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Stomach of a guest smaller than horn of a goat


Peter Rempel is the Council of International Anabaptist Ministries Coordinator and Mennonite Church Canada Facilitator for Partnerships in Africa and Europe. This article has been adapted from a sermon he delivered at Bethel Place in Winnipeg, Man., on August 25, 2002.


Sue Moyo dishing out supper. "The stomach of a guest is smaller than the horn of a goat." In other words, a guest is easily fed, says Peter Rempel, noting the warm welcome and hospitality of Brethren in Christ churches.

Ronald Lizwe and Su Moyo from Bulawayo worship on Sunday morning.

Daniel and Sophia Seemani from Nakempa, Zambia. Daniel is a village minister, traveling to villages by bicycle two or three hours away from home. Already in his seventies, Daniel Seemani hopes to find someone to take his place soon.

September 10, 2002

Winnipeg, Man.—Our Christian brothers and sisters in Zimbabwe, the Brethren in Christ Church, are inviting the members of the Anabaptist family to gather in Bulawayo in August 2003.

In early August I visited Bulawayo for a meeting about the formation of a Global Mission Fellowship of Anabaptist-related churches. Based on what I heard and observed in Zimbabwe I offer three reasons for Mennonites and Brethren in Christ in North America to send members from their churches to the Mennonite World Conference (MWC) Assembly in Zimbabwe.

Honouring our brothers and sisters

Our brothers and sisters in Zimbabwe have invited us to experience their hospitality and friendship. We should honour that invitation. We were told of a local proverb: "The stomach of a guest is smaller than the horn of a goat." In other words, a guest is easily fed.

They are ready to host us by transporting, lodging, and feeding us—even with the prospect of a food shortage. Nelly Mlotswha demonstrated the depth of their welcome by suggesting that each household in their congregations could start setting aside a small portion of salt or sugar. Then in one year there would be enough to serve the guests at the Assembly. Is this idea naïve or realistic? Practical or sacrificial? Probably it is all of these. But most importantly, it is faithful.

They are also praying for our safety and courage. Will we honor their cultural values of hospitality and their trust in God’s provision by celebrating with our Zimbabwean brothers and sisters?

Live in solidarity

There is no doubt that conditions in Zimbabwe are difficult. There are already shortages of certain food items. If rains do not come in October and November then basic foods will be lacking. The country has political tensions and problems. The eviction of white farmers from the land is but one of the potential flashpoints. Other actions and policies of the current government are causing discontent among the population in general.

Habakkuk 3:17-19 was drawn to our attention during our meetings in Bulawayo. Here the writer declares readiness to rejoice in the Lord though the fig tree does not bloom and the fields do not yield food. The brothers and sisters in Zimbabwe want to live according to this word. We from the lands of wealth and stability are called to accompany them in their attempt to rejoice in God in a time of material deprivation. Will we join them in a difficult time and circumstance?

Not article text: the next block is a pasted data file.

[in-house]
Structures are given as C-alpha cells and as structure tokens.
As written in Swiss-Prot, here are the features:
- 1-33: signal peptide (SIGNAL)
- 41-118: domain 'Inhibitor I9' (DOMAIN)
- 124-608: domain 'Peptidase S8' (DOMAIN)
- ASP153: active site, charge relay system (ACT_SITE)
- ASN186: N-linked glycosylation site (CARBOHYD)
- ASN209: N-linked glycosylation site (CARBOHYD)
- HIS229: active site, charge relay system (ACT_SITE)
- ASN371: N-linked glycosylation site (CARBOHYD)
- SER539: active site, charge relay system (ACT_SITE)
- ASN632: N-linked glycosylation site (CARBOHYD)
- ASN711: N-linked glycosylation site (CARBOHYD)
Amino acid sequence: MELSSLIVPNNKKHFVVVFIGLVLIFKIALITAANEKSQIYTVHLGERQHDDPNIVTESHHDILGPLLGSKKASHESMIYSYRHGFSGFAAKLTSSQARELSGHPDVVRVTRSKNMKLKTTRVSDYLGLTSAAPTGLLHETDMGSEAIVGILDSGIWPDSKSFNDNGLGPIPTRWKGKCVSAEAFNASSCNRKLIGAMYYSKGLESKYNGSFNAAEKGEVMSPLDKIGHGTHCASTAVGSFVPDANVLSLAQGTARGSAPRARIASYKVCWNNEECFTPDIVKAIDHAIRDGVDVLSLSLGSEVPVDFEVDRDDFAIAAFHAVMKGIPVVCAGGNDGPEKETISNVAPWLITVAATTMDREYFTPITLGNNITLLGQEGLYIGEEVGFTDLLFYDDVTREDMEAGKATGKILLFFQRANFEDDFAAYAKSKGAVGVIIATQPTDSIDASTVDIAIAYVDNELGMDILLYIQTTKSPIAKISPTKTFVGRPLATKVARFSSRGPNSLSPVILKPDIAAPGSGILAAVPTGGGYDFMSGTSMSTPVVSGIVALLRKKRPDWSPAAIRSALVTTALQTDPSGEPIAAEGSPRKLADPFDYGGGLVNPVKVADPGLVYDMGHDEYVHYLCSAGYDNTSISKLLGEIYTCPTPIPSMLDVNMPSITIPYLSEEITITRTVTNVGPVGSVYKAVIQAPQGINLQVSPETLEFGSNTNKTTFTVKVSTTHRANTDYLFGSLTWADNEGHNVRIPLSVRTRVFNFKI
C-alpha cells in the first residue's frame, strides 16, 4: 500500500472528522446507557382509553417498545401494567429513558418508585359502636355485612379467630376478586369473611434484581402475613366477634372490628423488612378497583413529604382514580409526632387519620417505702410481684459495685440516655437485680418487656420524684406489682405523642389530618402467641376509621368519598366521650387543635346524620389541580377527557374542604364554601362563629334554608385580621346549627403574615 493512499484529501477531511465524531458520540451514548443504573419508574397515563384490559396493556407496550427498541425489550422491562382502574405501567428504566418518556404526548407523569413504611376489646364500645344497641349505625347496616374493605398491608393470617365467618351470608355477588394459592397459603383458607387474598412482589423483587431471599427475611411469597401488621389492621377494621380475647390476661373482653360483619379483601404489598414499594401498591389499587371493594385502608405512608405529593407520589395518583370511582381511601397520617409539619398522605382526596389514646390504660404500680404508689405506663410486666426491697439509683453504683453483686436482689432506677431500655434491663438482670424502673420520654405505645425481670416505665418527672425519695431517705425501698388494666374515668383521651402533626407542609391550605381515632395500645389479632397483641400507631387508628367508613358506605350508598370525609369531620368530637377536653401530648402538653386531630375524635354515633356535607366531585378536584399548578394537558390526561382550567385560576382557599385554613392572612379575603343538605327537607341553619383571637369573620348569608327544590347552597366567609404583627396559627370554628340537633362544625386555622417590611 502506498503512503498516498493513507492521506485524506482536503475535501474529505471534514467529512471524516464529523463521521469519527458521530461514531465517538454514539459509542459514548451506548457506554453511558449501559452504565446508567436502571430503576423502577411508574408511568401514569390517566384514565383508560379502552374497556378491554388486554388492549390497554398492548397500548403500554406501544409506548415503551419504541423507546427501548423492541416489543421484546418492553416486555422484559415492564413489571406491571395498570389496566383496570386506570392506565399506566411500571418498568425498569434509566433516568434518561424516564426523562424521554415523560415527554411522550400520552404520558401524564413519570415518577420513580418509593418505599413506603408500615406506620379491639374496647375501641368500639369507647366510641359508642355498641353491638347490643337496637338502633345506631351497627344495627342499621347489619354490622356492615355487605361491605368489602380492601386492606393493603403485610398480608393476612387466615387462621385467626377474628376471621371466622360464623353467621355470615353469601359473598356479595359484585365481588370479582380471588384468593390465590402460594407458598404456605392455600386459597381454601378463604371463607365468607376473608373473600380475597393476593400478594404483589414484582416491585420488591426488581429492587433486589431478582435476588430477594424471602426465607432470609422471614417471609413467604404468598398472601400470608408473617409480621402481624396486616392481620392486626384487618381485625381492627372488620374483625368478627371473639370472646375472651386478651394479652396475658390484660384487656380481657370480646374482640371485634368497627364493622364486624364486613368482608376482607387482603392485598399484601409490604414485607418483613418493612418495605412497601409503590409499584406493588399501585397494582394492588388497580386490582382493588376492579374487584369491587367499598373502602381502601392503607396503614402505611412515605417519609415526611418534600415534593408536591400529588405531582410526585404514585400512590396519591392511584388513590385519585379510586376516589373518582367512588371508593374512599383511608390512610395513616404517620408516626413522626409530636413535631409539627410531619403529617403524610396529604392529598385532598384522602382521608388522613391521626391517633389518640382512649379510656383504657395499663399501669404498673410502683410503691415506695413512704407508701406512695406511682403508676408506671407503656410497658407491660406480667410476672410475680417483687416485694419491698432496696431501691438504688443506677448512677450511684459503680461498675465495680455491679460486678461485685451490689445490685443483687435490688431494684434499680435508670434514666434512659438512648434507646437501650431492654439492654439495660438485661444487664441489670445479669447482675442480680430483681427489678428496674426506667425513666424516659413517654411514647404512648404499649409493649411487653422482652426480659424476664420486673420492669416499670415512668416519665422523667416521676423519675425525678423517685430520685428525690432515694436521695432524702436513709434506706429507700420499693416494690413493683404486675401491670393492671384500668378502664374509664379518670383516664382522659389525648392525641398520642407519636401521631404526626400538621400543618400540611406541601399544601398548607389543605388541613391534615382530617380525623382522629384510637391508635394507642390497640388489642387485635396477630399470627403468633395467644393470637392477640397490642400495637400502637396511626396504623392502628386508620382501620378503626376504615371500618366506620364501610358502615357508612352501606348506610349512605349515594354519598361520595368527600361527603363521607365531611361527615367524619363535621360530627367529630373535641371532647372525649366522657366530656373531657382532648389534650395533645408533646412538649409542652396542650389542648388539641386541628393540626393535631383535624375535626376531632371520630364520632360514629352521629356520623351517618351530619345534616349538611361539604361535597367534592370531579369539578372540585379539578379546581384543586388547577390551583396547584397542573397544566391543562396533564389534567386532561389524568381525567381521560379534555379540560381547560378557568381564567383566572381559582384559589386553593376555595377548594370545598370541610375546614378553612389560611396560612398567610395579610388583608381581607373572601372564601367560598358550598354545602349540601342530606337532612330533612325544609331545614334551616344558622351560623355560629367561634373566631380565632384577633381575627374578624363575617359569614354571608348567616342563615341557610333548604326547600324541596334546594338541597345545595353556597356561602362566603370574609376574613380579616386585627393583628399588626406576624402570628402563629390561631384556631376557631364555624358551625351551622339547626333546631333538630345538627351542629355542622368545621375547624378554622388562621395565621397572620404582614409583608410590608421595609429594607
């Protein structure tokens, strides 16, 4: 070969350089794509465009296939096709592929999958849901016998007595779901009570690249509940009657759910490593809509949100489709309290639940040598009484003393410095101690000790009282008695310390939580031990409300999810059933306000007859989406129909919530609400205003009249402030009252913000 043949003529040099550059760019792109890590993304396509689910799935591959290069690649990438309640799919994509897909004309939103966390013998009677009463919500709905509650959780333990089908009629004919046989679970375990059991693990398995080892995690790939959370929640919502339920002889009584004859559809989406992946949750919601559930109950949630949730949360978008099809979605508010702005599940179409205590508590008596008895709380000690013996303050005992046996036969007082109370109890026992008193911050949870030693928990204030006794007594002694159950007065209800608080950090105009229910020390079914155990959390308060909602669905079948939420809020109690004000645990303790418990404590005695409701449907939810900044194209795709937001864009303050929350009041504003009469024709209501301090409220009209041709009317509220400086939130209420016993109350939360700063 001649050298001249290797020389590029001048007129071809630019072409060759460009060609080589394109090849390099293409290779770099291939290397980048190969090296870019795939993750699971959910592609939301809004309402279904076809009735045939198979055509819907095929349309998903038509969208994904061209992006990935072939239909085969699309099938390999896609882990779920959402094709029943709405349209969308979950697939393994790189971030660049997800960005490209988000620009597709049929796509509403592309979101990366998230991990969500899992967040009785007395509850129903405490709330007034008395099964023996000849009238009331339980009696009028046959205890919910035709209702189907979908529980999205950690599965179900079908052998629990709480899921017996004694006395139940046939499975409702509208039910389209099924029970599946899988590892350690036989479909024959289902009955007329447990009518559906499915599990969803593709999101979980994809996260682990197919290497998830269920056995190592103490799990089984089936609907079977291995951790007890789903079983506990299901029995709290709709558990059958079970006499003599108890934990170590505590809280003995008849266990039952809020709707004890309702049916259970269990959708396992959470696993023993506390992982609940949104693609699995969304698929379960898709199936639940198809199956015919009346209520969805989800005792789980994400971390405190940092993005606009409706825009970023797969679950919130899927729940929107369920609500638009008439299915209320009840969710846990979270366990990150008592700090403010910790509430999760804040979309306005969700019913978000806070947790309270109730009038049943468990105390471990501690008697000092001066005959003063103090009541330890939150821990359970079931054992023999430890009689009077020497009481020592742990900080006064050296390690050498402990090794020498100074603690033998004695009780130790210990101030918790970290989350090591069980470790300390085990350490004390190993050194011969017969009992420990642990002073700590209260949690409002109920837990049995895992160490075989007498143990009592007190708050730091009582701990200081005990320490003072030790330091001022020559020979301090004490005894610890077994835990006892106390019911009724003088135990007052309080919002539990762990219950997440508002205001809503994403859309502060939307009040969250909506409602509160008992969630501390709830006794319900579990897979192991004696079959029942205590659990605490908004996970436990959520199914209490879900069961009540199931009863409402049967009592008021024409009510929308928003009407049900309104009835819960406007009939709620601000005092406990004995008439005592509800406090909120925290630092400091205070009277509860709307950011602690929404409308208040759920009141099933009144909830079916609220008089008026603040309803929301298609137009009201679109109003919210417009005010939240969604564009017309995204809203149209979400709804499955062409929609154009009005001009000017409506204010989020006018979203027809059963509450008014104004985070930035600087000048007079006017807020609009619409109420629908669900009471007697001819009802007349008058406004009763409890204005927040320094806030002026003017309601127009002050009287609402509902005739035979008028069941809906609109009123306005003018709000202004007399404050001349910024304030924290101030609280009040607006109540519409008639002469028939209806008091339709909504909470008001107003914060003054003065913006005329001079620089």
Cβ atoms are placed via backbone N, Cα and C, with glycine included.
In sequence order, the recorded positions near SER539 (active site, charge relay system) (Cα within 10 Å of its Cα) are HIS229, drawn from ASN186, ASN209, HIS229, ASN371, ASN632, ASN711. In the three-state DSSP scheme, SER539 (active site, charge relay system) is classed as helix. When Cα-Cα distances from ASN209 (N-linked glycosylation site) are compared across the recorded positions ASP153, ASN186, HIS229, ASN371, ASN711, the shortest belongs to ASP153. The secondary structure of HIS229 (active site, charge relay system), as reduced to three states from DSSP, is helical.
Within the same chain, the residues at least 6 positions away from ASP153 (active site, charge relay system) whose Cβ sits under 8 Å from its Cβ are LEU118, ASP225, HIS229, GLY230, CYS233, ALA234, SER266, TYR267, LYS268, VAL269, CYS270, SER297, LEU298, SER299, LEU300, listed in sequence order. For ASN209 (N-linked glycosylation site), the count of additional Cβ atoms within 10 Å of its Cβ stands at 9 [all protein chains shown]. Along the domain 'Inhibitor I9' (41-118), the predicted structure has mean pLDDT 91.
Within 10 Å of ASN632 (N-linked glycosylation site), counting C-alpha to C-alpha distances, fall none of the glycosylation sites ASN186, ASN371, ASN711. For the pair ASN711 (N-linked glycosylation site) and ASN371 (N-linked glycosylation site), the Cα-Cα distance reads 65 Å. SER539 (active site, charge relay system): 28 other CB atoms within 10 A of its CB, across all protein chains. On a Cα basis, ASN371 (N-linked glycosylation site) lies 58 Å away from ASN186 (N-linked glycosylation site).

A spiritual adventure

At the outset of the Book of Revelation, John declares the three things which he shares in Christ with the churches of his time: the tribulation, the kingdom and enduring patience (Rev. 1:9). Many, if not most, Brethren in Christ and Mennonite churches around the world share these attributes. Attending Africa 2003 will deepen the level at which we from North America can share these attributes with our brothers and sisters in the Anabaptist family today.

Placing ourselves into the difficult situation that exists in Zimbabwe today and attempting to express our faith through worship and fellowship there will be a challenge. Our faith and our discipleship will be tested when we join brothers and sisters from Zimbabwe and other countries who live with these tensions continually. This is an opportunity to join in a spiritual adventure to learn and grow in our discipleship. Are we up to the challenge?.

Send or be sent

For recent MWC Assemblies most attendees from the North have decided to attend on an individual basis. Attendance at Assembly 14 is a measure of our faith and faithfulness as a people of God. Deciding to go to Zimbabwe in 2003 should not be only a personally influenced decision based on personal factors such as funds, time, and interest. Mennonites and Brethren in Christ in North America should officially send members from our congregations and other organizations to the 14th MWC assembly.

As congregations, institutions and even families, let’s encourage at least one of our members to go to Zimbabwe. Perhaps we should be selecting the ones who seem especially gifted and inclined to learn at a global gathering, so that they are emboldened to cope with the stresses that might befall them. For one individual the stresses and risks of travel to Zimbabwe may seem overwhelming. With the encouragement and support of a community these can be overcome. Perhaps we should be contributing to the costs of their attendance so that personal financial limits do not prevent them from this experience.

From an individual perspective the costs of attending the MWC Assembly may seem extravagant, but from a community perspective it can be justified. Let’s send members from our churches to Africa 2003.

Joint release by Mennonite Church Canada and Council of International Anabaptist Ministries